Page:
Here’s the language you’ll see on the ballot:
“Do you support an amendment to allow for the use of the Budget Stabilization Fund, also known as the Rainy Day Fund, for state costs associated with a disaster declared by the federal government?”
How would it work?
The Budget Stabilization Fund, or Rainy Day Fund, is a pot of money the state can use to fill budget holes when the state brings in less revenue than expected. The fund has been around since 1990, and the legislature has put a number of safeguards in place to make sure that it is only used for its intended purpose. State lawmakers are not allowed to take more than the projected deficit or more than one-third of the total fund balance, and they can only use the money if two-thirds of the House and Senate agree.
If adopted by Louisiana voters, this amendment would allow state lawmakers to draw down the fund to swiftly respond to a federally declared disaster — before the state could receive disaster aid from the federal government. Once that federal relief money arrives, the state would have to replace whatever it took out of the fund. All of the other rules on withdrawal limits and legislative approval would still apply.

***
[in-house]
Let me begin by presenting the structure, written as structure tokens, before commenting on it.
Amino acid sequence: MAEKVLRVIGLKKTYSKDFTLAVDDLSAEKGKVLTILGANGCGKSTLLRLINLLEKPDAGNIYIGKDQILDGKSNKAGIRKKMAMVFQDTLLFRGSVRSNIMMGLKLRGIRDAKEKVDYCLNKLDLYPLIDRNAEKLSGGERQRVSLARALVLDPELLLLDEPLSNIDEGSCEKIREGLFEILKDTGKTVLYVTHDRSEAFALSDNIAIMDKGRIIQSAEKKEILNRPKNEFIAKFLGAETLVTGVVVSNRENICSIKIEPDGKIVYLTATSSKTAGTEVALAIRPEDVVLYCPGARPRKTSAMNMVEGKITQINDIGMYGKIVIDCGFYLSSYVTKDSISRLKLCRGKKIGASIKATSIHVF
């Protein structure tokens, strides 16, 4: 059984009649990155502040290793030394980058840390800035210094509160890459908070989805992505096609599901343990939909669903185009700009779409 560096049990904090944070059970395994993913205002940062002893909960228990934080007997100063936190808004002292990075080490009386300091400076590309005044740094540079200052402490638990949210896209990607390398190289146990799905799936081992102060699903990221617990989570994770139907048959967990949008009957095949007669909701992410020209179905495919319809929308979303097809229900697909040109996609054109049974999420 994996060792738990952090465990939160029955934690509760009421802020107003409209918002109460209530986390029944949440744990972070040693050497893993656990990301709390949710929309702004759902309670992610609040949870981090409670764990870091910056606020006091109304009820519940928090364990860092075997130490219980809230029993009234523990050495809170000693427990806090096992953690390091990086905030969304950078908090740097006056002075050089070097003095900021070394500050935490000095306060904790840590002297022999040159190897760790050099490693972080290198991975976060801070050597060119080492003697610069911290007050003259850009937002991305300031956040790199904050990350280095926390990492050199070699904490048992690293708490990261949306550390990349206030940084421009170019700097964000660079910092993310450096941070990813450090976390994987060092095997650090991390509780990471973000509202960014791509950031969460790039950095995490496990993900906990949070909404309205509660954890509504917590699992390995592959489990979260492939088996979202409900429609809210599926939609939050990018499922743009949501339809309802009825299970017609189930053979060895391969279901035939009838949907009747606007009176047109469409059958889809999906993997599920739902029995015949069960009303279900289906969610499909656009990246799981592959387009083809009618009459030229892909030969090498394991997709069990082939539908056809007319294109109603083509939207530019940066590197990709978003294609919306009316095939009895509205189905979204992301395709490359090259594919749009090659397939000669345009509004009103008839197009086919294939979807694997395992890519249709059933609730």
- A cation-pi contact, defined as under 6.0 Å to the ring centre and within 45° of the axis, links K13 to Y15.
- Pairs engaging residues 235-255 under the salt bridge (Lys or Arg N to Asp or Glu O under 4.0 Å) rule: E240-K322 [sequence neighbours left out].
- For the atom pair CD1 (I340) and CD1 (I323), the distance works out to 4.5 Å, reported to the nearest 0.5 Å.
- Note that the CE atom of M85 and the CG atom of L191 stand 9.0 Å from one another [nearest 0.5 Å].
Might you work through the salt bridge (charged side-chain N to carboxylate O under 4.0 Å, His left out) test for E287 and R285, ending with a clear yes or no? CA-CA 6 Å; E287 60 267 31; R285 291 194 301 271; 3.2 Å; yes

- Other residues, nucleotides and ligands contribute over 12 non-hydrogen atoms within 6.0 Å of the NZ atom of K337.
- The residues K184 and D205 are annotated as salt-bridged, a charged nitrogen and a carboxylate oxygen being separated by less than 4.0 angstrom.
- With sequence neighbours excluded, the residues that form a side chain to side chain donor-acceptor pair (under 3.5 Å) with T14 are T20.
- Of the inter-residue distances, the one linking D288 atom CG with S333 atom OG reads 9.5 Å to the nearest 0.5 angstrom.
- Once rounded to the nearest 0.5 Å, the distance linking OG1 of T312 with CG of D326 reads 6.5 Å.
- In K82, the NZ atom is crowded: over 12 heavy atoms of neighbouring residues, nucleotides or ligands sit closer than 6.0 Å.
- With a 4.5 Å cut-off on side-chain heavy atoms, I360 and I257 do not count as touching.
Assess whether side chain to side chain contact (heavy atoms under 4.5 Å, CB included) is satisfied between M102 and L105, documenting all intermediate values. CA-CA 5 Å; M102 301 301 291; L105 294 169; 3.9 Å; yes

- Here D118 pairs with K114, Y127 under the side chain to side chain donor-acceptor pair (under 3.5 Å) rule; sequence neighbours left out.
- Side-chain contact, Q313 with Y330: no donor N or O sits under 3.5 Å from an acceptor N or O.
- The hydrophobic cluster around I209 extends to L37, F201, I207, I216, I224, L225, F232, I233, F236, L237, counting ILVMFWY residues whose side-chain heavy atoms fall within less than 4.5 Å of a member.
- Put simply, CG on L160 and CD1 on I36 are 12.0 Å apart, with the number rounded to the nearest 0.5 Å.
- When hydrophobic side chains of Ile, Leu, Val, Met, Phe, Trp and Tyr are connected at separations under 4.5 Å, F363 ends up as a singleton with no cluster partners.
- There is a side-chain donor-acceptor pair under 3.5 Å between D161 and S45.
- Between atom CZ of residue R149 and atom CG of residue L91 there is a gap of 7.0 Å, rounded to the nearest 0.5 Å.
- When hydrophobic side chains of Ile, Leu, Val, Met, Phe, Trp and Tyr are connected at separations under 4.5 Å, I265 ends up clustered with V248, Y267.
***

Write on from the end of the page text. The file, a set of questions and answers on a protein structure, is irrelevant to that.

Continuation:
Who’s for it and who’s against it?
Louisiana experiences a lot of natural disasters. That simple fact is the basis for arguments for, and against, this amendment.
Supporters say this change would give the state the flexibility it needs to alleviate Louisianans’ suffering as quickly as possible when hurricanes strike or floodwaters rise.
Rep. Gary Carter (D-New Orleans) sponsored the amendment and companion legislation.
“It is to allow the state of Louisiana to stand itself up in a federally declared emergency and not wait for FEMA [the Federal Emergency Management Agency] or the federal government, or anyone else to bail us out,” Carter said.
But opponents point out that the federal government’s reimbursement process can be long and complicated, which could leave the state with a low rainy day fund balance in the interim. That could leave state services vulnerable in the event of a recession and could hurt the state’s bond rating, increasing the cost of long term construction projects.
To learn more about what's on your 2020 ballot, check out our ballot guide.
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